What The People v. Brock Turner Means for American Women

By Julie Booth

If you are a woman in America, society’s lessons have never been clearer: your safety, rights, and dignity are not a priority, and you will not receive any kind of justice. On September 2, Brock Turner, rapist (and I think I heard somewhere that he swims too?), was released from jail after serving only half of his extremely lenient six-month sentence after brutally raping an unconscious woman behind a dumpster. Now, there’s a lot that’s wrong with that statement, but we are going to focus in on that six-month sentence that he didn’t even serve.

Six months is no time at all. That is less than an academic year. That is less than a woman’s pregnancy. And that is WAY less than the time it will take for Brock Turner’s victim to feel some kind of normalcy again in her life. Turner’s “punishment” for violently and unequivocally destroying a woman’s life is essentially to take a semester off from school, and he didn’t even serve his entire time! That is not right. Setting aside for a moment what we think is a fair punishment for emotionally destroying and physically violating another human being, we should consider The People v. Brock Turner case in the context of other rape cases in America. Just this July, Cory Batey, a former Vanderbilt University student, was sentenced to 15 years in jail with no chance of early release for sexually assaulting an unconscious woman. Batey and Turner had the same circumstances, but they had vastly different outcomes, and that is not right either. Now don’t get me wrong; I am in no way saying that Batey should have received a lesser sentence. If anything, 15 years is not enough for raping an unconscious woman. Turner’s sentence should have been years longer and something a bit more significant than a slight hiccup in his graduation schedule.

In addition to Turner’s pathetic excuse of a punishment, he has recently expressed his plans to commence a speaking tour, in which he would visit various college campuses in order to discuss the issue of “Drinking and Promiscuity.” So we see here, not only is Turner trying to monetize off of his heinous crime – an act truly disgusting in itself – but he is also still not taking responsibility for his actions. He still is not admitting that he singlehandedly and inconsiderately violated another human being simply because he cannot control himself nor respect the wishes or rights of others.

Turner is still blaming, as we can see plainly by the title of his lecture, both alcohol and women. However, what Turner fails to realize is that on any given day, millions of men drink, but most do not sexually assault anyone because of it. You can drink and have basic human decency, or you can drink and rape, in exactly the same way that you can be sober and have basic human decency or you can be sober and rape. The very title of Turner’s lecture implies that because a man or woman is drinking and because the woman is promiscuous, she may be raped. Drinking is not an excuse to violate another person, nor is it ever the fault of the victim and her “promiscuity.” No, Brock Turner, your “frat-boy” drinking habits are not to blame, nor is your victim. You are to blame. There is no excuse.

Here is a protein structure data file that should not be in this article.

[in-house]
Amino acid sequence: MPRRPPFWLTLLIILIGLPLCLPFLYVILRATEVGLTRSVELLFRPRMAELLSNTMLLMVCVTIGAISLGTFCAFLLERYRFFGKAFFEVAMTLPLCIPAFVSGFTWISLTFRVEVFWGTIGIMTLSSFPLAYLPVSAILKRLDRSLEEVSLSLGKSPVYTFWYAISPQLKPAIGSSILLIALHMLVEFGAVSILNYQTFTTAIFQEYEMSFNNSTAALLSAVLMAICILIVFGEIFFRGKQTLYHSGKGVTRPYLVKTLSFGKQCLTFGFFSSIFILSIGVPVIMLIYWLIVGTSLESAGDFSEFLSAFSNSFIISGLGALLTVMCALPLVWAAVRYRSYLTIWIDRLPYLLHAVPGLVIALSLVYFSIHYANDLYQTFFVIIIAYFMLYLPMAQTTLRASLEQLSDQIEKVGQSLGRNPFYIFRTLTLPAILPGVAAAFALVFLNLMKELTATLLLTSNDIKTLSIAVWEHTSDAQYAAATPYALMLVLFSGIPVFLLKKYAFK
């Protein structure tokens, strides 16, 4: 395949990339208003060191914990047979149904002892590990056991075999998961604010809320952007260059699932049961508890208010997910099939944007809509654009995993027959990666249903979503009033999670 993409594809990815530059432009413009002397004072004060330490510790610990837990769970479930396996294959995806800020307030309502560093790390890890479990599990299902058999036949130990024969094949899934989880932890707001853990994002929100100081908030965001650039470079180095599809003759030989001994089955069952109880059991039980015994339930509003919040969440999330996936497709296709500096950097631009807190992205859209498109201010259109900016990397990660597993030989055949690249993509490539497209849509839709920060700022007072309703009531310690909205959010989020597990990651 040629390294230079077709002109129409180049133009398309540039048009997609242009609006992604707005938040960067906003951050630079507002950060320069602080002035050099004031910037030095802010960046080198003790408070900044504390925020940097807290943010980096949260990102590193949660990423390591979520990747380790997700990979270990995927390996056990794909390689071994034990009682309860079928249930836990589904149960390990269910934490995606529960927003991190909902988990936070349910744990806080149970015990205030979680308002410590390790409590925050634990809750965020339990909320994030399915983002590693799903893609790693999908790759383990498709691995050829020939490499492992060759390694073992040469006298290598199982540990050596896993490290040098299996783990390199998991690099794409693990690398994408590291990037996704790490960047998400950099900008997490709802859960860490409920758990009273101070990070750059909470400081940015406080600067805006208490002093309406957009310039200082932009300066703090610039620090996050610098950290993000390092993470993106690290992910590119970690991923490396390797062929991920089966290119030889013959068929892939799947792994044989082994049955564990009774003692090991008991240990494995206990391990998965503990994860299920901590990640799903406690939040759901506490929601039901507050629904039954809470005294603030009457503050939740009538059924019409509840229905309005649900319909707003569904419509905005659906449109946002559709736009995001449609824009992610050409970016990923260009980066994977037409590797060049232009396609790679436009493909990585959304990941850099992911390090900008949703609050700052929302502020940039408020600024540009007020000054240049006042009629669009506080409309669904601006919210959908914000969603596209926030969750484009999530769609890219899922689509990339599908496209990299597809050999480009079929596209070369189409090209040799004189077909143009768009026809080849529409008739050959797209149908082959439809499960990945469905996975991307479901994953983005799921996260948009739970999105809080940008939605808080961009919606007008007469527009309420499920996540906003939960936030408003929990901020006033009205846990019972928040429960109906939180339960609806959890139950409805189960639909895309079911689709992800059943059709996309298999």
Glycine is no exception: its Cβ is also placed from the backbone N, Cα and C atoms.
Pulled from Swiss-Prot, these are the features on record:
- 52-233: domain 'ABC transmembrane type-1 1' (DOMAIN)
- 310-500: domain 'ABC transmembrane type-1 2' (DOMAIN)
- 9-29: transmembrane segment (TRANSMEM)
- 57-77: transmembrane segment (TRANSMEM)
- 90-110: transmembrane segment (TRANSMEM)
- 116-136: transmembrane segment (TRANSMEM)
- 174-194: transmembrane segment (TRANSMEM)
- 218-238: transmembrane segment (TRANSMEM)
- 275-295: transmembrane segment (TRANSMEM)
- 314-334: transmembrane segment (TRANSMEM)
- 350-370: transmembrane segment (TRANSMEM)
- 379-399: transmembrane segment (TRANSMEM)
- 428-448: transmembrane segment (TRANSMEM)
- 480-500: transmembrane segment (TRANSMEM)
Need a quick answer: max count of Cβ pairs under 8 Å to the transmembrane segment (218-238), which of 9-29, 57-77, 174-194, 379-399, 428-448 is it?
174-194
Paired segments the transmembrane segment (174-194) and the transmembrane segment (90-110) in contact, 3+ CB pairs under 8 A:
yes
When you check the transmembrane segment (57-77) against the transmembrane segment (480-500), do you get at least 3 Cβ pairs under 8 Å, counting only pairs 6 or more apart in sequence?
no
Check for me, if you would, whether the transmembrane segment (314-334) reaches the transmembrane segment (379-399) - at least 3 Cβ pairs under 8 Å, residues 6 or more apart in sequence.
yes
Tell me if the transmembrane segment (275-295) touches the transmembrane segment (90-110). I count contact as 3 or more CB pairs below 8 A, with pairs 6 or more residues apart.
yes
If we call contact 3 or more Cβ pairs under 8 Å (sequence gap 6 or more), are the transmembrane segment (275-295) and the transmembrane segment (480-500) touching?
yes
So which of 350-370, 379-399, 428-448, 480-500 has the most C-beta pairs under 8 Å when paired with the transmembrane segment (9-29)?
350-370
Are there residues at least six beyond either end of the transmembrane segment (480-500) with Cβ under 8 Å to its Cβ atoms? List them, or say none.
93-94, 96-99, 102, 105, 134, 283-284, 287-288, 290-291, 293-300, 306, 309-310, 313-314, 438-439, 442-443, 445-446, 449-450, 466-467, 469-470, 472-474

Unfortunately, this victim blaming is not unique to the Brock Turner case. A simple discussion with any rape victim or read-through of a case will be littered with instances of victim blaming that sound like “maybe you shouldn’t have been drinking…” or “what did you expect wearing that outfit?” Recently, a Canadian federal judge, named Justice Robin Camp, asked a rape victim in court “why couldn’t you keep your knees together?” This open disregard for women’s basic human rights and dignity is not acceptable, but it is becoming more and more commonplace for men to go virtually unpunished for these crimes and openly blame their victims for their own actions.

This is wrong. Rape victims should feel empowered to seek justice, not shy away for fear of censure. They should be able to seek help from others without reproach. And you, Brock Turner, are the one leading the drive backwards against the tide of equality. For you, your life, your swim career, and your Saturday night will always be far more important than those you’ve destroyed on your path. For you, your education is too important to be delayed by a rape you committed, a life you destroyed. I’ve lost hope that maybe one day you’ll accept that you’ve done the most atrocious of things, and now I only hope that there are no more Brock Turners who spend a single summer in jail for rape.

Do you have an opinion on this issue–or any opinion at all? The Crusader wants to hear from you. Send us an article proposal at crusader@g.holycross.edu, and we’ll write back the same day. Faculty and staff are welcomed and encouraged to submit articles.

Campus Rape Statistics:

College women are twice as likely to be sexually assaulted than to be robbed.

1 in 5 sexual assault victims at college do not report the incident for fear of reprisal.

As undergraduate students, 23.1% of females and 5.4% of males experience rape or sexual assault through physical force,  violence, or incapacitation.

Female college students are 20% less likely, and male college students are 78% more likely, to be a victim of rape or sexual assault than non-college students of the same age and gender.

21% of transgender, genderqueer, or nonconforming (TGQN) college students have been sexually assaulted, compared to 18% of non-TGQN females, and 4% of non-TGQN males.

All statistics courtesy of RAINN.org

 

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